In a lot of ways, Linux's relationship with tablets is comparable to the open-source ecosystem's experience with netbooks several years ago. When netbook hardware first began hitting the market in droves, Linux seemed like the perfect companion: It was inexpensive, highly customizable and well suited to new devices where users started out with fewer preconceptions than on traditional PCs.
Yet we all know how that story ended. Linux retained some share of the netbook market, but the Year of the Linux Netbook remained, and remains, quite elusive.
Linux On TabletsAs of now, Linux hasn't fared any better in the world of tablet hardware. Unless one counts Android as a kind of Linux, which is a stretch, none of the tablet devices that currently dominate the market runs on a truly open-source platform.
But that may change. First of all, Linux may have a bright future on tablets in the form of the Vivaldi Tablet, which until recently was available to pre-order for 200 euros. (It was also known until recently as the Spark Tablet, when trademark issues forced a renaming.) Pre-orders have since been closed, reportedly because sales targets were reached with ease.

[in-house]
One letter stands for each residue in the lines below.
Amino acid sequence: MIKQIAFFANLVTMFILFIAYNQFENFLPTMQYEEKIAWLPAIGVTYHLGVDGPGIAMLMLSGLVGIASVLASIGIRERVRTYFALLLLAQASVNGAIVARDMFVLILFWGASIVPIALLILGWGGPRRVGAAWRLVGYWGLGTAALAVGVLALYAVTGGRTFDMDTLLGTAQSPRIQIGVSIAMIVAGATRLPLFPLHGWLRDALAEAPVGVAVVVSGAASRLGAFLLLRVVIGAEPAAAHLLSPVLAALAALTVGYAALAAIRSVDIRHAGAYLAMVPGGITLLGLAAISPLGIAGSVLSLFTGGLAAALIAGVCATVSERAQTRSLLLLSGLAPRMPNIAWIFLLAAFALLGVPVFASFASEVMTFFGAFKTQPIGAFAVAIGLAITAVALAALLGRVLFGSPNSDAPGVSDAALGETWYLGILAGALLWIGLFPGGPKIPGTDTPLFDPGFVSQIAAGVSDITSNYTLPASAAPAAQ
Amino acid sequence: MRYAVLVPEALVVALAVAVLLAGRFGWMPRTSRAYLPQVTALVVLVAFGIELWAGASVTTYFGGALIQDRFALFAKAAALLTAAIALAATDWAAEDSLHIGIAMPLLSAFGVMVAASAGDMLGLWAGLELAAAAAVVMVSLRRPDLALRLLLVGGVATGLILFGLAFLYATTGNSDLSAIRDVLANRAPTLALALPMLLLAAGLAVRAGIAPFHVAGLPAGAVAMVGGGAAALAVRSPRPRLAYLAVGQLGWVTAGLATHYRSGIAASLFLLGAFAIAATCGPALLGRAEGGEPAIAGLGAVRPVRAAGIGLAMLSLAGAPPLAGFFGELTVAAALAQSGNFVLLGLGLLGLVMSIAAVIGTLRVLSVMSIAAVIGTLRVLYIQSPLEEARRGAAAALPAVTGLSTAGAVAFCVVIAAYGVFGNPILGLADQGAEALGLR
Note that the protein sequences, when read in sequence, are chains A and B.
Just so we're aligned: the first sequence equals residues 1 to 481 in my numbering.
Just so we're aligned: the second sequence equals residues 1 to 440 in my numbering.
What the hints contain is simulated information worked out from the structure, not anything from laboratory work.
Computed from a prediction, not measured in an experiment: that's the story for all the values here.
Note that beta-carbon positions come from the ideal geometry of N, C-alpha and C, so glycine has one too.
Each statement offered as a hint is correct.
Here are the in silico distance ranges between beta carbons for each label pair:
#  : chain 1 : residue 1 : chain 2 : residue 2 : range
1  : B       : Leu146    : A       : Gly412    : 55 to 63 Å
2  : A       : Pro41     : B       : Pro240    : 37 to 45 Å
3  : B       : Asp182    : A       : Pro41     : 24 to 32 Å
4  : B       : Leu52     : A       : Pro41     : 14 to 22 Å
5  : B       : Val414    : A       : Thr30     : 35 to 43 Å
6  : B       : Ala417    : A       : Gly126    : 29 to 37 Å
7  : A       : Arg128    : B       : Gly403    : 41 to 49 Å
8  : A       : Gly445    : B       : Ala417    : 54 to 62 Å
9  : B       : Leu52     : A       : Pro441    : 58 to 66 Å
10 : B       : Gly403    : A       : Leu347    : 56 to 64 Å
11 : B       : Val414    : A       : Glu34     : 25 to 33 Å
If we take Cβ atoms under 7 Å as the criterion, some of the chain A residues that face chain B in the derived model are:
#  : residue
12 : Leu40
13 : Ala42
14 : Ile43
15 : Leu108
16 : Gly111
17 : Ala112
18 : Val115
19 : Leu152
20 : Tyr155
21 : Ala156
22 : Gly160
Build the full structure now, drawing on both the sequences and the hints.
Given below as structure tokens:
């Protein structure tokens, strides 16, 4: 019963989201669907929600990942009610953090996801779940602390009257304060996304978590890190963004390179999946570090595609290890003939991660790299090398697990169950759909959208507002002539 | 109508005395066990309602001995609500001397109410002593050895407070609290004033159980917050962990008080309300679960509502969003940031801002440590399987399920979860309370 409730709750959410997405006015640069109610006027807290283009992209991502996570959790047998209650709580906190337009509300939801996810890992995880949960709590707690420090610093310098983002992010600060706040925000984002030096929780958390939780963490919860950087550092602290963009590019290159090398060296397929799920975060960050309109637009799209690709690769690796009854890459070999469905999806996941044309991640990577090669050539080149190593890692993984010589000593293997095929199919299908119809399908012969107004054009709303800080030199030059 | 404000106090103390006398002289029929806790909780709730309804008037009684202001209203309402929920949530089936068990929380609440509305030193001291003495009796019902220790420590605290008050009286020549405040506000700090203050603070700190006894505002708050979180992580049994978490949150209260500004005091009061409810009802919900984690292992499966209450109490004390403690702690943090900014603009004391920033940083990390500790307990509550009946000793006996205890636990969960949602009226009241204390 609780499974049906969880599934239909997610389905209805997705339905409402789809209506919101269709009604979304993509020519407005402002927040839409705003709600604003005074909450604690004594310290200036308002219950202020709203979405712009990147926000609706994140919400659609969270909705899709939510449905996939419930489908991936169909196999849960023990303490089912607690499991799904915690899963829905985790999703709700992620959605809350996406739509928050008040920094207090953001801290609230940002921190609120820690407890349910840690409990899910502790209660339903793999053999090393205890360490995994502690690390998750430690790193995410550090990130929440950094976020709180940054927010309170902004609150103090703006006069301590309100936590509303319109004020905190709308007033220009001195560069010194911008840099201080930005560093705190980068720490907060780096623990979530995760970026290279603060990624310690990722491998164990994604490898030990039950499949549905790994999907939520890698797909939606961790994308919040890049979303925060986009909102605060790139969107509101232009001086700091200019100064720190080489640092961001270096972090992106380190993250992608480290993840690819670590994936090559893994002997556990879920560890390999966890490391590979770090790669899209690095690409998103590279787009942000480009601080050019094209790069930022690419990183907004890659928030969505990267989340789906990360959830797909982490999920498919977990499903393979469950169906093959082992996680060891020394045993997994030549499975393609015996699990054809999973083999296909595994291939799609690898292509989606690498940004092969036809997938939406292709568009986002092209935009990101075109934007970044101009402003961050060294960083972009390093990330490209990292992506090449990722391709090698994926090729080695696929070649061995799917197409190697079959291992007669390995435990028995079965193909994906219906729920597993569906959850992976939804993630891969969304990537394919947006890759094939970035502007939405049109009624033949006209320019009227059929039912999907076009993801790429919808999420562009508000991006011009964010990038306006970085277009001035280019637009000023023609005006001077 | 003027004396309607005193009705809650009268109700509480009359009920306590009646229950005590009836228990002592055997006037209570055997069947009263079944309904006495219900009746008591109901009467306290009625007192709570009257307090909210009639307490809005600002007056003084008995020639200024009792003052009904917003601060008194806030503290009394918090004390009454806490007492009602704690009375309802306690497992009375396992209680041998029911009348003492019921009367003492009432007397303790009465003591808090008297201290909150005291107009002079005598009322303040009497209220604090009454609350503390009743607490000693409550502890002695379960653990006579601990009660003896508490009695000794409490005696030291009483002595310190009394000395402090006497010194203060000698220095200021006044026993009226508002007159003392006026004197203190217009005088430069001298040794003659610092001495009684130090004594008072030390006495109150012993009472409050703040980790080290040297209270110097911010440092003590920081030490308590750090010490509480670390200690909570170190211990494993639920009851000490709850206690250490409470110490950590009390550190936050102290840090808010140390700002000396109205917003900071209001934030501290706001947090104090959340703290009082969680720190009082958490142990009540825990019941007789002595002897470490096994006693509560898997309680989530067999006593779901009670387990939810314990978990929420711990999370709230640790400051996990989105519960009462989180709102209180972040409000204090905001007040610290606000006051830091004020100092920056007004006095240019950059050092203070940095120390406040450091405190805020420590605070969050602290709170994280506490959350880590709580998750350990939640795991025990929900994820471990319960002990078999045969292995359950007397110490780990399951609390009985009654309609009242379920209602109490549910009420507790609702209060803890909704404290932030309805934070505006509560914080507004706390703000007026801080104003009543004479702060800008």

Unlike the Android-based tablets, Vivaldi runs a real, open-source Linux kernel in the form of Mer. It also uses the KDE project's Plasma Active interface, designed specifically for tablets and other "emerging devices." So far, Vivaldi and the software on which it's built seem to be showing signs of real success, and they represent a key area to watch going forward.
And if Vivaldi doesn't live up to the hype, there's the Kubuntu Active project, which recently took some major steps forward by starting daily i386 builds (ARMv7 versions are still to come) and getting bug-tracking in order. Kubuntu Active is not yet at the same stage of maturity as Vivaldi, but as the first Ubuntu variant designed specifically for tablets, it ensures that traditional desktop-oriented Linux distributions like Ubuntu will not become disconnected from the tablet market.
Meanwhile, it remains to be seen how the other major user interfaces of the open-source world -- specifically, GNOME Shell and Unity -- might make serious forays into the tablet world. Clearly both environments were designed with non-traditional devices in mind, but so far they've seen little application within the tablet world, beyond a few proof-of-concept experiments.
Will 2012 be the Year of the Linux Tablet? Not in this universe. But it's far too early at this point to write Linux off as a viable platform for tablets -- or to relegate it completely to an obscure existence under the hood of Android devices. It can be much more than that, and may very well turn out to be.